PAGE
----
Haryana’s private job reservation law might push IT-BPO, tech companies and their young workforce to shift their base to other regions, impeding the fast growth that the state has witnessed in recent times, say staffing experts.
According to them, while the move might earn the political parties brownie points in the short-term, it will affect investment in the long run for the region.
The new law
On March 2, 2021, the State government passed the Haryana State Employment of Local Candidates Bill that mandates 75 percent reservation for local people in private sector jobs, where the salary is less than Rs 50,000 a month. This rule will be applicable for 10 years and aims to address rising unemployment in the state.
It will impact the IT and BPO sector as well, as they employ a large number of freshers, whose salary is less than Rs 50,000.
Tech ecosystem in Gurugram
After Bengaluru, the National Capital Region (NCR) comprising New Delhi, Noida and Gurugram, is the fastest growing tech ecosystem in the country.
Said Sunil C, Head – Specialised Staffing, Teamlease Digital, “Gurugram accounts for about 5 percent of the overall BPO workforce in the country.” All major IT and BPO firms such as Genpact, Infosys, TCS, HCL Tech and Wipro have offices in the region.
For IT and tech firms, the timing could not have been more inopportune. It comes when the demand for talent is outstripping supply and companies are stepping up their hiring across different levels.
For instance, Infosys increased its initial recruitment plan of 15,000 campus hires to 24,000 as the demand increased. TCS will employ 40,000 freshers, and HCL Tech plans to take in 15,000 new staffers from campuses in FY22. Wipro has not disclosed their numbers so far.
According to job portal Indeed.com, the average salary for newcomers in IT could range anywhere between Rs 12,000 and Rs 40,000 in the country.
The new law will pose a challenge and is likely to impact hiring plans as the companies might have to take into account the new rule, Sunil said.
While the bigger players might be able to move these freshers to one of their multiple campuses, smaller firms that have offices only in Gurugram or other parts of Haryana, will either be forced to open a secondary office in other parts or settle for talent that might not give them the competitive edge, said Pareekh Jain, founder, Pareekh Consulting.Inability to access quality talent is a far more grave concern for tech firms, which are people intensive. Sanjeev Bikhchandani, founder, Info Edge, said in a tweet, “It is not a good idea for states to restrict the labour markets.”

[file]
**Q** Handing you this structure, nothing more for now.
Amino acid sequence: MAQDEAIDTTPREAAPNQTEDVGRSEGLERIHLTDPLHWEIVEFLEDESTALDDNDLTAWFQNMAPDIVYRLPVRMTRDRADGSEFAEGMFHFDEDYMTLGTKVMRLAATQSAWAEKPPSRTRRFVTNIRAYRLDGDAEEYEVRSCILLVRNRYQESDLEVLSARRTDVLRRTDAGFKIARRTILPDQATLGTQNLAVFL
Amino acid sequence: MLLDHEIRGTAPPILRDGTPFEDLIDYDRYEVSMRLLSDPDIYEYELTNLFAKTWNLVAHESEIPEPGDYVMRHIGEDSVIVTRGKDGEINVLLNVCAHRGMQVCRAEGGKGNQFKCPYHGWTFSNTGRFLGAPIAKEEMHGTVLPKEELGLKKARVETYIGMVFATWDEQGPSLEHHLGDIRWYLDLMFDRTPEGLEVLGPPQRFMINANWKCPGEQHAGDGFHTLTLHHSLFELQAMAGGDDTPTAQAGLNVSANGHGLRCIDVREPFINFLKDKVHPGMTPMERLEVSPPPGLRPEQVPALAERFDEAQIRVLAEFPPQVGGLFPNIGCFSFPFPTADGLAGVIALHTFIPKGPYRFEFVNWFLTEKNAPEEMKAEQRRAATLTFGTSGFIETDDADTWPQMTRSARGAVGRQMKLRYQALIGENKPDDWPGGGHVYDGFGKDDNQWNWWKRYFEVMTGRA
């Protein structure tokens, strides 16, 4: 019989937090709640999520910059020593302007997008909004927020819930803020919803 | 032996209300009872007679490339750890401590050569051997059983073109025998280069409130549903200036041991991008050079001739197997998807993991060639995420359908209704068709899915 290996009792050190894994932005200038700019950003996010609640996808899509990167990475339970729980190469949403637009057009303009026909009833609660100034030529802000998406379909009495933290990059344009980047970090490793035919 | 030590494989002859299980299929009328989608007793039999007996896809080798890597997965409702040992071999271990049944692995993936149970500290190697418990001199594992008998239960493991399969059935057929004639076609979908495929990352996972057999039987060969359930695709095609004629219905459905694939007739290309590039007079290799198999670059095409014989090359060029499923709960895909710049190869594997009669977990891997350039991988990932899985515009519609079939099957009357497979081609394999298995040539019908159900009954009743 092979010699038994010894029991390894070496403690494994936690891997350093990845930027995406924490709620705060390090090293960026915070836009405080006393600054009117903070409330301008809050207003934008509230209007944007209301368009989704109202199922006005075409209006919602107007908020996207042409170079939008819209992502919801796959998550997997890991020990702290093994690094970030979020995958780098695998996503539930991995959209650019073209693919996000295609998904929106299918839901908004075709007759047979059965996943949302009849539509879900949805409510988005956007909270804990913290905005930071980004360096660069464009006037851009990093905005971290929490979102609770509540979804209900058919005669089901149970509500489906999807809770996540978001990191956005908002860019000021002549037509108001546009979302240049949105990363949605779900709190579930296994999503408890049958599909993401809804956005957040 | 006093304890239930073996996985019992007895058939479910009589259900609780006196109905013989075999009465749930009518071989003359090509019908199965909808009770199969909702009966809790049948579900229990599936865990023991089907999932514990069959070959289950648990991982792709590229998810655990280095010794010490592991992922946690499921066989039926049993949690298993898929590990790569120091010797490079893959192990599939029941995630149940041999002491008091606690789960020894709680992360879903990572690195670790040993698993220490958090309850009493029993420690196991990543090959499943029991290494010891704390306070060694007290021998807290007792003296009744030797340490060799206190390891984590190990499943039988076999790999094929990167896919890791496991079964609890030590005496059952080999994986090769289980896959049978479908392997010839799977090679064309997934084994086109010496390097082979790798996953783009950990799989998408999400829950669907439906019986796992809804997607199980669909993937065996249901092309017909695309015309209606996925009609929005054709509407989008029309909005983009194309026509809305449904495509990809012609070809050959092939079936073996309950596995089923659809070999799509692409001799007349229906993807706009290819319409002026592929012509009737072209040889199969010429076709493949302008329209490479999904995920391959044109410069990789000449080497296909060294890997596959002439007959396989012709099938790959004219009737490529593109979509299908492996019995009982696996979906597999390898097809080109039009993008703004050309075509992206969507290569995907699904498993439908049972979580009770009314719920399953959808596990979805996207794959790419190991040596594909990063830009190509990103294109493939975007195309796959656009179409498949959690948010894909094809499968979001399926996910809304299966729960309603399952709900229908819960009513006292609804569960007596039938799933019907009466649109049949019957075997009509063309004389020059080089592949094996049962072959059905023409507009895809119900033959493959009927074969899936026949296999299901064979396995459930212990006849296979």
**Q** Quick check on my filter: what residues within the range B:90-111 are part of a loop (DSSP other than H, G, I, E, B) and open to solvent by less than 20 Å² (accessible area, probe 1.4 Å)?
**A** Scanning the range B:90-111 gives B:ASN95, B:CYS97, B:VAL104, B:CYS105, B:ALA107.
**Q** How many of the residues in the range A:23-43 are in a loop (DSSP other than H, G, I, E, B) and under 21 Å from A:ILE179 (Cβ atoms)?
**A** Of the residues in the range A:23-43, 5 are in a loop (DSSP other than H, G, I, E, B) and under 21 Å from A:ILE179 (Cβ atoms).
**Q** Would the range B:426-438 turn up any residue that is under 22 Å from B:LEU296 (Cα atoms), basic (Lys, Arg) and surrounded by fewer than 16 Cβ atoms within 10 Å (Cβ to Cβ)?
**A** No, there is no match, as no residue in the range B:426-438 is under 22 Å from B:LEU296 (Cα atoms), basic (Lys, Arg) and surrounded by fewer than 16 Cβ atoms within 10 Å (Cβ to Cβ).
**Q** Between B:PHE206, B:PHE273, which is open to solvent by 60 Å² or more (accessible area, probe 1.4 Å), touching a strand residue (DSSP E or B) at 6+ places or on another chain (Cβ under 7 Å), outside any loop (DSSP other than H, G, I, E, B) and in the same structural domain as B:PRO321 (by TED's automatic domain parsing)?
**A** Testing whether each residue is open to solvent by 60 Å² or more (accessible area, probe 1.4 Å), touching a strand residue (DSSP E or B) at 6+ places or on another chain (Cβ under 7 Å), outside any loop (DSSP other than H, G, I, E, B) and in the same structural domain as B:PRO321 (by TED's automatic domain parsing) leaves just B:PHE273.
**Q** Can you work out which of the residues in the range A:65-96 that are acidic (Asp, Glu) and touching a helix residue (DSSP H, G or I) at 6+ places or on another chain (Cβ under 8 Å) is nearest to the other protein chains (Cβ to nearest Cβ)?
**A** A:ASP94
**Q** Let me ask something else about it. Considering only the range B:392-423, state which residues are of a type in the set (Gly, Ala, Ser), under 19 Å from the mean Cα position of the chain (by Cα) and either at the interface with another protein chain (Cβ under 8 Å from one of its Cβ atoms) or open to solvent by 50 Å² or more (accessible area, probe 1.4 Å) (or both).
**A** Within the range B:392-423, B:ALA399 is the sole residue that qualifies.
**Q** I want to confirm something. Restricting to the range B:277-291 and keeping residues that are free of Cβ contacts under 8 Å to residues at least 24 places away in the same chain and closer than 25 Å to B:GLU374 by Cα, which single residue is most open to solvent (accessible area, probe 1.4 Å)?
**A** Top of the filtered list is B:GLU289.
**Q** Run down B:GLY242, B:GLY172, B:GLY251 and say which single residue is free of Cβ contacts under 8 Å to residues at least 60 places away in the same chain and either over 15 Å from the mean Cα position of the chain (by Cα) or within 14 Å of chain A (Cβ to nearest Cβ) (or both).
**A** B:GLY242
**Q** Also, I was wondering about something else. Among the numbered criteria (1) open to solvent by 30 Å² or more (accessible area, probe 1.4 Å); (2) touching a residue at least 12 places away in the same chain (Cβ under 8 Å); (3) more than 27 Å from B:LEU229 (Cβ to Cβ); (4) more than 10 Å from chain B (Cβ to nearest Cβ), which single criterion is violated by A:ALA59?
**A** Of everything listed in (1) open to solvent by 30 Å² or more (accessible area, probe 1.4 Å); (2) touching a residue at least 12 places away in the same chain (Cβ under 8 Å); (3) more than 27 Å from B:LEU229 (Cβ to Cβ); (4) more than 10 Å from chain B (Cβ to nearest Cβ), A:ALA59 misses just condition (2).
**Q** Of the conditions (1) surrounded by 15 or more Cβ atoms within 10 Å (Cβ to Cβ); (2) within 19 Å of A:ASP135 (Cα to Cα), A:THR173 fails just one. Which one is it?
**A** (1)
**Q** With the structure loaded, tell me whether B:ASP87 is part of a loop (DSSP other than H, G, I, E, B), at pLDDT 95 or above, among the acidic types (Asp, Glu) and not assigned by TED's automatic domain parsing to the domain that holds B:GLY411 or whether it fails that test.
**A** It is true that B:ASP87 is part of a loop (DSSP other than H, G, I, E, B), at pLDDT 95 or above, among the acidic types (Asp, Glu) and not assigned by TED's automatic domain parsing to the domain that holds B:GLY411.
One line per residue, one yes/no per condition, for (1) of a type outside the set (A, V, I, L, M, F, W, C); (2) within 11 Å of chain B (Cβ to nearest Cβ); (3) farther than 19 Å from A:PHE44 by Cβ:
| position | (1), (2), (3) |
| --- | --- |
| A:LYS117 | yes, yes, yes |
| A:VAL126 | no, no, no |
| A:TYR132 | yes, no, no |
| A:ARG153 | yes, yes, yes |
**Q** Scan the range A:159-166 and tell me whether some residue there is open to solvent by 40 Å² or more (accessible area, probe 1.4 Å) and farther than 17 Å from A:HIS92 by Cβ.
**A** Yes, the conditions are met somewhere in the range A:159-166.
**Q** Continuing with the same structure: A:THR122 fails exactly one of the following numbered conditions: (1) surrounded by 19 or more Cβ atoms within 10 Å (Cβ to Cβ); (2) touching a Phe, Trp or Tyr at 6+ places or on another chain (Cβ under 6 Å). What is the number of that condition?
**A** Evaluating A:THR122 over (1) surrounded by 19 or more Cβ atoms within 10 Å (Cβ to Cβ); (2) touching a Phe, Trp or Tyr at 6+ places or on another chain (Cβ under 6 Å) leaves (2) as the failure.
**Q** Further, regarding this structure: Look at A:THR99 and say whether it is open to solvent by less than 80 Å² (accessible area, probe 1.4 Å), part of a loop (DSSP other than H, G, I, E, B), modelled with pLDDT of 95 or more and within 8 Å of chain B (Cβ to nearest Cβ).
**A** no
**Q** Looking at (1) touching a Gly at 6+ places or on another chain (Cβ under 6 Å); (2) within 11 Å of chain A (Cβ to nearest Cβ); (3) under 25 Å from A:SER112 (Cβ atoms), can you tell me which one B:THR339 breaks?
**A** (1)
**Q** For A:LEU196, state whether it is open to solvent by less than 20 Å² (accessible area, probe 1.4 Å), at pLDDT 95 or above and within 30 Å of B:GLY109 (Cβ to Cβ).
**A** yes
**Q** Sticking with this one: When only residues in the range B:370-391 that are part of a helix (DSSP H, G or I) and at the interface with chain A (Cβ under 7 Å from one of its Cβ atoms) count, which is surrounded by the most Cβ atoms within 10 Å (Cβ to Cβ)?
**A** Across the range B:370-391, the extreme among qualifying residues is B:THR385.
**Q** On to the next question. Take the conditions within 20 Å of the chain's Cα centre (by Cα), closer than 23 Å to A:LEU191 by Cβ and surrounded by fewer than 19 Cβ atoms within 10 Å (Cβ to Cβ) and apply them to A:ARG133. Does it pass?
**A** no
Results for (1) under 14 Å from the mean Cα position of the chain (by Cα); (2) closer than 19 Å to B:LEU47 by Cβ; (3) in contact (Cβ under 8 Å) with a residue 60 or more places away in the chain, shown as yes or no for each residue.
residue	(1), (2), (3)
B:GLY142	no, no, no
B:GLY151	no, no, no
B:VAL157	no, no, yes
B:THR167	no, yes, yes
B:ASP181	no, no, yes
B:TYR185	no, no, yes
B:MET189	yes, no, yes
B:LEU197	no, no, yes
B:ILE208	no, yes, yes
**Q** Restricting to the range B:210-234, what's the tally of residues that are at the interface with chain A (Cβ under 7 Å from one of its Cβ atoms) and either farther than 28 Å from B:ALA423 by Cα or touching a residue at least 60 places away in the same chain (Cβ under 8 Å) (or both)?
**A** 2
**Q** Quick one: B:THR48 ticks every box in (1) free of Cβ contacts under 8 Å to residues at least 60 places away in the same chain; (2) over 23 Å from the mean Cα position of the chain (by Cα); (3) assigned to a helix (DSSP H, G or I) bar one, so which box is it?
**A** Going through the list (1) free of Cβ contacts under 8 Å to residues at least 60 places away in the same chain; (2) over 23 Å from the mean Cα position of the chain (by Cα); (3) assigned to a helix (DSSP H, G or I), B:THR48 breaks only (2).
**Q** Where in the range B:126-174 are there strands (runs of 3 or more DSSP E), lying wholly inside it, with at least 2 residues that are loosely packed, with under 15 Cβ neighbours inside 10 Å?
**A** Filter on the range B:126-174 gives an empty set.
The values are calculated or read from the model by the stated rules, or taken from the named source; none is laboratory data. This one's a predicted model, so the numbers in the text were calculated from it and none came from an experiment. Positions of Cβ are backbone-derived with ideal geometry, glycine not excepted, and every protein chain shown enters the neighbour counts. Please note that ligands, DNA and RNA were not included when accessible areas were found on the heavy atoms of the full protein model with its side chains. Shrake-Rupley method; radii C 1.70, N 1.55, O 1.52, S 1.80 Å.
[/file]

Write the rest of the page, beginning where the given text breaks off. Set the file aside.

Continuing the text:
For India to realise its true economic potential it is important that the the markets for all four factors of production are free - Land, labour, capital and entrepreneurship. Not a good idea for states to restrict labour markets
— Sanjeev Bikhchandani (@sbikh) March 2, 2021
More practical challenges
There are more practical challenges as well.
It is not clear if there are any exceptions to this rule. There is also not much clarity whether the companies will have to overhaul the entire workforce to comply with the 75-percent-locals rule or if it's applicability would be restricted only to the new joinees.
Companies are not sure about the time period for compliance either. “Either way there are practical difficulties,” admitted Aditya Narayan Mishra, CEO, CIEL HR Services.
He pointed out that “Currently organizational systems are not designed to identify a person’s domicile. So firms might have to invest money to upgrade the system to enable identification to comply with the law. But there is no advantage for the companies to do that.”
Take for instance CIEL HR Services, a staffing firm. Of the 12,000 employees on the company’s rolls, about 3,000 are in Gurugram and 95 percent of them are below the Rs 50,000 wage band.
“I am just waiting for the fine print to come out. We will have to come up with necessary changes internally to comply with it,” stated Mishra.
Gurugram will no longer be attractive
Such restrictive laws will definitely make the region less attractive for investments.
The consultant quoted earlier, pointed out that state politics might weigh in when companies are looking to establish their presence in India or expanding their footprint. Restrictive policies will make Gurugram less alluring compared to other places.
Sunil of Teamlease Digital said that talents might move to cities that are less restrictive. “They will choose other regions, where opportunities are plenty,” he added.Vikram Ahuja, co-founder, Talent500 by ANSR consulting, said that though it is still early, some of his company’s clients are already talking about moving from Gurugram to Delhi to open a secondary office.